These cheap, clean stoves were supposed to save millions of lives. What happened?

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    Note that the last issue (arsenic poisoning) is peculiar to Bangladesh. Bangladesh has very high, but naturally occurring, levels of arsenic in it's sub-soils and bedrock. Deep tube wells are dug for water, but the wells pass through layers of soil and rock that contain lots of arsenic, leaving the water, and the irrigated fields contaminated with high levels of arsenic. Then when cows eat the grass from the contaminated fields their feces become contaminated too. Dec 10, 2018 at 20:26
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    The first two quotes seem to imply indoor use... I'm wondering if you found anything that suggests, for example, an outdoor fire pit.
    – Roflo
    Dec 10, 2018 at 21:28
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    @Roflo The only people who use it have no choice, which seems to suggest that if you have a choice, you should use something else Dec 10, 2018 at 21:39
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    +1 but I wonder: people who are burning dung for fuel are poor and probably have inefficient stoves. Wood burns cleaner in a more efficient stove. What would happen if we burnt dung in something like a rocket stove?
    – Chris H
    Dec 10, 2018 at 22:03
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    its important to read the sources rather than the quotes - this is a very misleading answer. The toxicity of these agents are vastly overstated although if you read the article the numbers are correct (yes ingesting a mass of 50% of your total body weight of just about anything is probably toxic, and I am sure that there are some gnats that for which .0000005% - yup that's 7 zeros-) worth of a toxin will in fact be toxic.
    – Jim B
    Dec 11, 2018 at 14:41

Smoke has it's hazards. For 30 years I cooked over open fires for about 6 weeks a year. It's irritating as heck, but I don't have obvious problems. That may be about as good as the 2 pack a day smoker at age 65 saying, "Hasn't kilt me yet"

Burning any form of biomass works better if the material is dry. Damp material uses a lot of energy to evaporate water. The resulting lower temperatures make for incomplete combustion.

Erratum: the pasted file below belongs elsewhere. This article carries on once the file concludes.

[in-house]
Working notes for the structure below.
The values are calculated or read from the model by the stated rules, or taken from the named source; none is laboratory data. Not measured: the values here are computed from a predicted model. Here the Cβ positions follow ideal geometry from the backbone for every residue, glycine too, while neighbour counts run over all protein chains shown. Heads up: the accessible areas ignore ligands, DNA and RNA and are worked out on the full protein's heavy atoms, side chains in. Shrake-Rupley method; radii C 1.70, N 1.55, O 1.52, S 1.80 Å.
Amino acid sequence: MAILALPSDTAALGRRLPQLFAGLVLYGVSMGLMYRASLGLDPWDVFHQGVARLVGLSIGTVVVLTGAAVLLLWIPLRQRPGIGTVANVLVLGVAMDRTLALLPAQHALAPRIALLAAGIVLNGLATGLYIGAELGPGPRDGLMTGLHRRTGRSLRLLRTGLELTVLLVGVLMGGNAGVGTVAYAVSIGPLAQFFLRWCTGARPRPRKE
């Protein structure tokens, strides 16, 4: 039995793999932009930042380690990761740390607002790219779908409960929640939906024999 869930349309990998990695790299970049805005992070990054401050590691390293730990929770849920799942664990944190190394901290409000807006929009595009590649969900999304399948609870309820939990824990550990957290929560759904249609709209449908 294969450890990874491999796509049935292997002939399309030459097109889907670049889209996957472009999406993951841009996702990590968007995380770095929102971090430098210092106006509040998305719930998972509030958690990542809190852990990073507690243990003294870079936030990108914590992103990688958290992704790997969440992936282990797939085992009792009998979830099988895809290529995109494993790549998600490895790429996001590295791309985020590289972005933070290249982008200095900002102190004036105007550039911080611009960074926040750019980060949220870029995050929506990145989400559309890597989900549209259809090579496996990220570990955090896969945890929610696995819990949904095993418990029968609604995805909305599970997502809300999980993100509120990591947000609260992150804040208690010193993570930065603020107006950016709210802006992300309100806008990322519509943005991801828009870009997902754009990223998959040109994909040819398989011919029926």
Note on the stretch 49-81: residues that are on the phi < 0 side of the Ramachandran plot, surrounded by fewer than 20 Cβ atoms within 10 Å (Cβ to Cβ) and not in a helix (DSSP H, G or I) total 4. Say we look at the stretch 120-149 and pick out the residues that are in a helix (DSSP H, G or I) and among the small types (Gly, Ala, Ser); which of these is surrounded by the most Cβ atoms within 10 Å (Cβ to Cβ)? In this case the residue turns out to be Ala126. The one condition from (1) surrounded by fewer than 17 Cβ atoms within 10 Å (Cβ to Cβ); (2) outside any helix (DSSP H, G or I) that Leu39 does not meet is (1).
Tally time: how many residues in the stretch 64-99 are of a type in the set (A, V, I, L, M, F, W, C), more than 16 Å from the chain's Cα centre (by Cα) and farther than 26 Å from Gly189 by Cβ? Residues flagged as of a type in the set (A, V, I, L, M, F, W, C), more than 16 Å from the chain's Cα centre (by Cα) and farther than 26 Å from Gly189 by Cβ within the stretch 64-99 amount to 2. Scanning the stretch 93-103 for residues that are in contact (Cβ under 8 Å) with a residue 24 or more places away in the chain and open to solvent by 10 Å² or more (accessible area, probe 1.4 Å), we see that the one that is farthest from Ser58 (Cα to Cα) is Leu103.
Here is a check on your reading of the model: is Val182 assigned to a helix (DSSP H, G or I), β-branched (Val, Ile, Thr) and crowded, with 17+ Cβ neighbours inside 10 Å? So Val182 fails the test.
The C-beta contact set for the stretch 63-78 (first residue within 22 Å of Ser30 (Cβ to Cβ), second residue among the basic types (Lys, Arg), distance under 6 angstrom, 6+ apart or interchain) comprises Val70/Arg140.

ANY form of stove can improve the situation by creating some form of focused draft. A chimney can move the smoke far enough away from the cook to reduce his exposure by orders of magnitude.

In the settling of the American west, cow chips and road apples (horse...) were used for cooking as there was little else to burn. Collecting this stuff was a job for kids. Stuff that wasn't dry, but was solid enough to pick up could be put in a canvas slung under the wagon to dry. You find similar use by aboriginal tribes that lived on plains or steppes.

Depending on what you are collecting and where, there may be risk of parasite transfer. I don't know that the tape worm that infects cows also infects people, but I'd expect it to. There are doubtless bacteria in meadow muffins that will leave you unhappy too.

Off the top of my head I would consider this aspect to be the higher hazard.


Dried cattle dung is somewhat safer than wood in so far as it produces fewer sparks and therefore is less likely to set the surroundings on fire. This is especially important if you have an open fire inside a dwelling, e.g. in Mongolian yurts before the 20th century. Nowadays yurts always have an iron stove, so this is less of a concern. But people in the countryside still burn dried cattle dung ("argal" in Mongolian) because it is often easier accessible than firewood.

Argal is actually somewhat associated with healthy country life, sung about in songs, and was even used by the Great Khans in the past:

The house was all covered inside with cloth of gold, and there was a fire of briars and wormwood roots--which grow here to great size--and of cattle dung, in a grate in the center of the dwelling.

(Wilhelm of Rubruck at the court of Möngkhe Khan, http://depts.washington.edu/silkroad/texts/rubruck.html)